Marilyn Manson, Born Villain (Downtown/Cooking Vinyl): No longer the provocateur that he was in the 1990s, Marilyn Manson is back with his eighth album, which is being billed as heavier and darker than his more recent work. Well, the dark industrial tone of Born Villain certainly grimmer than 2009’s The High End of Low, but once again, Manson’s shtick is played out and boring. The songs are still very watered down, tracks like “No Reflection” and the comically titled “Overneath the Path of Misery” sorely lacking the edginess of his early work. When a shock rocker is no longer shocking, you’ve got a big problem, but with Mr. Warner, who perpetually sucks every ounce of fun out of shock rock (even on the cover of “You’re So Vain”), it becomes an even more pointless exercise when the songs fail to deliver as they all do here. Like the Macbeth soliloquy he recites on the record, this tale of sound and fury indeed signifies nothing, and it couldn’t be sadder.
Marriages, Kitsune (Sargent House): Featuring three members of Red Sparowes, Marriages treads similar territory as the well-known post-rock band, but dares to create something different and original. The trio of guitarist/singer Emma Ruth Rundle, bassist/keyboardist Greg Burns, and drummer Greg Clifford are far more song-oriented and immediately accessible than Red Sparowes ever was, partially because the songs are shorter and so much more concise, but also because they utilize the singing talents of Rundle. Those dreamy vocals, melodic but indecipherable, much like Cocteau Twins’ Elizabeth Fraser and My Bloody Valentine’s Bilinda Butcher, lend a mysterious, seductive dimension to the six tracks on this record that Red Sparowes never had. An ambitious, highly rewarding debut, this album is highly recommended. Stream the album in its entirety here.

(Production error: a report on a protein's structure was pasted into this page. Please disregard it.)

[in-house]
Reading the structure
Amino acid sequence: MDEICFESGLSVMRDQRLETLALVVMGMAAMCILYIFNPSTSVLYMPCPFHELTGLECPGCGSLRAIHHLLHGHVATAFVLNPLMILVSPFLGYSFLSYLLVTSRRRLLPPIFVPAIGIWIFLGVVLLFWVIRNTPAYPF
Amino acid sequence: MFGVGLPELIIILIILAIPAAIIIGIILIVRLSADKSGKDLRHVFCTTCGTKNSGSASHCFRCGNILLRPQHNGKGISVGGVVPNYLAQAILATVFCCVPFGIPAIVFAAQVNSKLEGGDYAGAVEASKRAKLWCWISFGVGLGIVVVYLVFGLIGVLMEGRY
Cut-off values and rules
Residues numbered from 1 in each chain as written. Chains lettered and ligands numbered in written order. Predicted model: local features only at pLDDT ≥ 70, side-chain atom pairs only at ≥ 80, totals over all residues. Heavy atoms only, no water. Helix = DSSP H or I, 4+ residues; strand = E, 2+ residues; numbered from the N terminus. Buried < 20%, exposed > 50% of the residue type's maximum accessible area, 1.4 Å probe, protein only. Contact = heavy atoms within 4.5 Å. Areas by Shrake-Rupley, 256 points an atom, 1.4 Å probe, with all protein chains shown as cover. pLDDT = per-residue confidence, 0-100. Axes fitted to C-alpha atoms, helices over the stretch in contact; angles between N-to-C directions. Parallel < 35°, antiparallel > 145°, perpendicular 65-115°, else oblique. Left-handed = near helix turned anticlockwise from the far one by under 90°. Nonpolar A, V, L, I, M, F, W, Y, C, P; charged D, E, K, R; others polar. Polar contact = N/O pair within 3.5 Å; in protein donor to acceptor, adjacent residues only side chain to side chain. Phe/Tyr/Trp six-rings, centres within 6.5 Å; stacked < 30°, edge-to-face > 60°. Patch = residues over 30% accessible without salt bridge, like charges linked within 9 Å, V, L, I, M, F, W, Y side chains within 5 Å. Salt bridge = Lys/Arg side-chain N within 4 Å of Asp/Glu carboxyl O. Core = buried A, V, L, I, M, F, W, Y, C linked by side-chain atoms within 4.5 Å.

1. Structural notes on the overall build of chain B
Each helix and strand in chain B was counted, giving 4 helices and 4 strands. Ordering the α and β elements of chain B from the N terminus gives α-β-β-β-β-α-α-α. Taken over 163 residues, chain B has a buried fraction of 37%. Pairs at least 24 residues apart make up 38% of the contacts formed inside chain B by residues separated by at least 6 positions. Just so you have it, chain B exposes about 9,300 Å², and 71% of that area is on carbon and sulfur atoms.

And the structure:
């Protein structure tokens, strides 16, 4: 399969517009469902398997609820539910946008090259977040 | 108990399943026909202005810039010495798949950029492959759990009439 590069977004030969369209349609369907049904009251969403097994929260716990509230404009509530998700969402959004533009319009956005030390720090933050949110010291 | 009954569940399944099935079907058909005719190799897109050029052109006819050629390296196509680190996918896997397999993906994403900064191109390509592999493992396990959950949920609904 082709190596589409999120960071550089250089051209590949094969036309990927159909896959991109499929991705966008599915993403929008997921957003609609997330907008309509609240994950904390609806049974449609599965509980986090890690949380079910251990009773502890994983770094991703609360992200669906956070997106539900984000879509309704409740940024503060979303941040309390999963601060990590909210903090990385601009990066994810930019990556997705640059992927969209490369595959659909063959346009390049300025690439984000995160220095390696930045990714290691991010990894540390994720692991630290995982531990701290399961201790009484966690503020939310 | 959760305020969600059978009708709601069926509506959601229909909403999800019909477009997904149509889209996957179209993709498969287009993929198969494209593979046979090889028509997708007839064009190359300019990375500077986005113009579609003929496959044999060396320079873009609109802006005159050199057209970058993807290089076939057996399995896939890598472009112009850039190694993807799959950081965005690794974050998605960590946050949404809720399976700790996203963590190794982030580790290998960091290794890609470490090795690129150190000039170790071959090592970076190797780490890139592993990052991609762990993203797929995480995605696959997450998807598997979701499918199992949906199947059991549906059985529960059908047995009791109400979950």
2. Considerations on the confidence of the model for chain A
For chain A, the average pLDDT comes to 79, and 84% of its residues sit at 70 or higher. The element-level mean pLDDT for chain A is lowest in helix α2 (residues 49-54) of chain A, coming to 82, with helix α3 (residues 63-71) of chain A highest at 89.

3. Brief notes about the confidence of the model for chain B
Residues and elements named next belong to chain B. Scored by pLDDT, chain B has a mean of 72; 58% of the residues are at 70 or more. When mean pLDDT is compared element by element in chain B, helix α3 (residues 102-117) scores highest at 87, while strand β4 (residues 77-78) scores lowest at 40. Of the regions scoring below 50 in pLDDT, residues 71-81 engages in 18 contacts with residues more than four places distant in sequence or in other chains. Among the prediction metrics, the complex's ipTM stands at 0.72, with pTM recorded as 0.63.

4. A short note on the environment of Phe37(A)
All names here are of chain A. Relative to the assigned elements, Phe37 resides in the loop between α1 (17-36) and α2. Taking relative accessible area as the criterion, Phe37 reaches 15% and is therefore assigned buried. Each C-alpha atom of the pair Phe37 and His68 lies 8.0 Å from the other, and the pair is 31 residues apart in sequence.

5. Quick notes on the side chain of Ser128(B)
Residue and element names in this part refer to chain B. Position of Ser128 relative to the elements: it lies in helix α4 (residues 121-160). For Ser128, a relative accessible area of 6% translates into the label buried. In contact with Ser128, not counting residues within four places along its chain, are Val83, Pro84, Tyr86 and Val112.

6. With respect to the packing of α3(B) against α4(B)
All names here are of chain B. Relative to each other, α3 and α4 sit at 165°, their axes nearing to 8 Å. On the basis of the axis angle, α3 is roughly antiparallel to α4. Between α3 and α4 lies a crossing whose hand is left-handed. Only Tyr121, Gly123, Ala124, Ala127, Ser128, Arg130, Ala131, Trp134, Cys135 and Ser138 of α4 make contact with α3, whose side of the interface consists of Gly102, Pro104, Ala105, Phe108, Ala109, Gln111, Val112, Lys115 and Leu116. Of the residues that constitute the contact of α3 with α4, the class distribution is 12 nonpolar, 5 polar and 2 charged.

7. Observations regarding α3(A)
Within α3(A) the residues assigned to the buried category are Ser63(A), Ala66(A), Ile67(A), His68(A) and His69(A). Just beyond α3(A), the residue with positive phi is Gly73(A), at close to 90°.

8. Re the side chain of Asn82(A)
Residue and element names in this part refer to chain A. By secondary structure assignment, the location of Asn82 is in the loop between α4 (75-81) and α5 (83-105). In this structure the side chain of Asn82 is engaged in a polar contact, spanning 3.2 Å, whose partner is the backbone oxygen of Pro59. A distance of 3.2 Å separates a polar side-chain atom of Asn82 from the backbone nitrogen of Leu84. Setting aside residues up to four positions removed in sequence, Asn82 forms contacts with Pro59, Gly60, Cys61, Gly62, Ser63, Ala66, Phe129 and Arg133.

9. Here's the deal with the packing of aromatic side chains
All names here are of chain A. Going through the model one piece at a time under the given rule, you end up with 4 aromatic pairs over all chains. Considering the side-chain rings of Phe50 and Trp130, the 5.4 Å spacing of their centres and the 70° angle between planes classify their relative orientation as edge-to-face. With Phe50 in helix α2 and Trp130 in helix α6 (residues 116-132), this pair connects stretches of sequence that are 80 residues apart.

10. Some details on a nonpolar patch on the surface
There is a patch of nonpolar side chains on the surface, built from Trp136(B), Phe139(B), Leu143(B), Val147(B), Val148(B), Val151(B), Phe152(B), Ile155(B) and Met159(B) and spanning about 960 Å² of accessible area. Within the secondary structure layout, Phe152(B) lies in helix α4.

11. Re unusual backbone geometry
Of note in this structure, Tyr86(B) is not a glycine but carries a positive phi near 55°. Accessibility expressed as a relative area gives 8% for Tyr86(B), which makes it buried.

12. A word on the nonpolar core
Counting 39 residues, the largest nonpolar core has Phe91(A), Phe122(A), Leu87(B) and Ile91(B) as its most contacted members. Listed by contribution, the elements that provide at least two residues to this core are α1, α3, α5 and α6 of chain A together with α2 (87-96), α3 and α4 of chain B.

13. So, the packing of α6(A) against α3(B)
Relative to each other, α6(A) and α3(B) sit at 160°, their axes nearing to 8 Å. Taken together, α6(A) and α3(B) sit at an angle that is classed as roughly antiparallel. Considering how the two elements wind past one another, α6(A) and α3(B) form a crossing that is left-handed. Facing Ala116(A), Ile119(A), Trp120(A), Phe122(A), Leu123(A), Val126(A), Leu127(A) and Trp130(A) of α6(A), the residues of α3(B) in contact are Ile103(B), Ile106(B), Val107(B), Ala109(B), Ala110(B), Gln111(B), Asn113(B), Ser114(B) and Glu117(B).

Mekong Delta, Intersections (SPV): Another collection of re-recorded songs by a veteran German band, this time progressive thrash/speed metalers Mekong Delta. Again, these are good songs, but this exercise is pointless. Neophytes should just buy the self-titled 1987 debut and 1990’s The Principle of Doubt instead.
Theatres Des Vampires, Moonlight Waltz Tour 2011 (Dreamcell11): If you’re not familiar with Theatres Des Vampires, the sanguivorous-obsessed Italian band has built a strong cult following in Europe with their over-the-top music and flamboyant live performances led by the inimitable Sonya Scarlet. Their ninth album, last year’s Moonlight Waltz, was a pleasant surprise, and this new companion release, featuring a live Moscow performance on CD and DVD (simple but nicely shot) as well as three good new tracks, showcases the band doing what it does best, inciting bloodlust among their faithful.
Usurpress, In Permanent Twilight (Selfmadegod): More old-school death metal from Sweden, but don’t roll your eyes, these guys toss a good helping of crust punk into their brutal death metal, making for a satisfyingly filthy sound.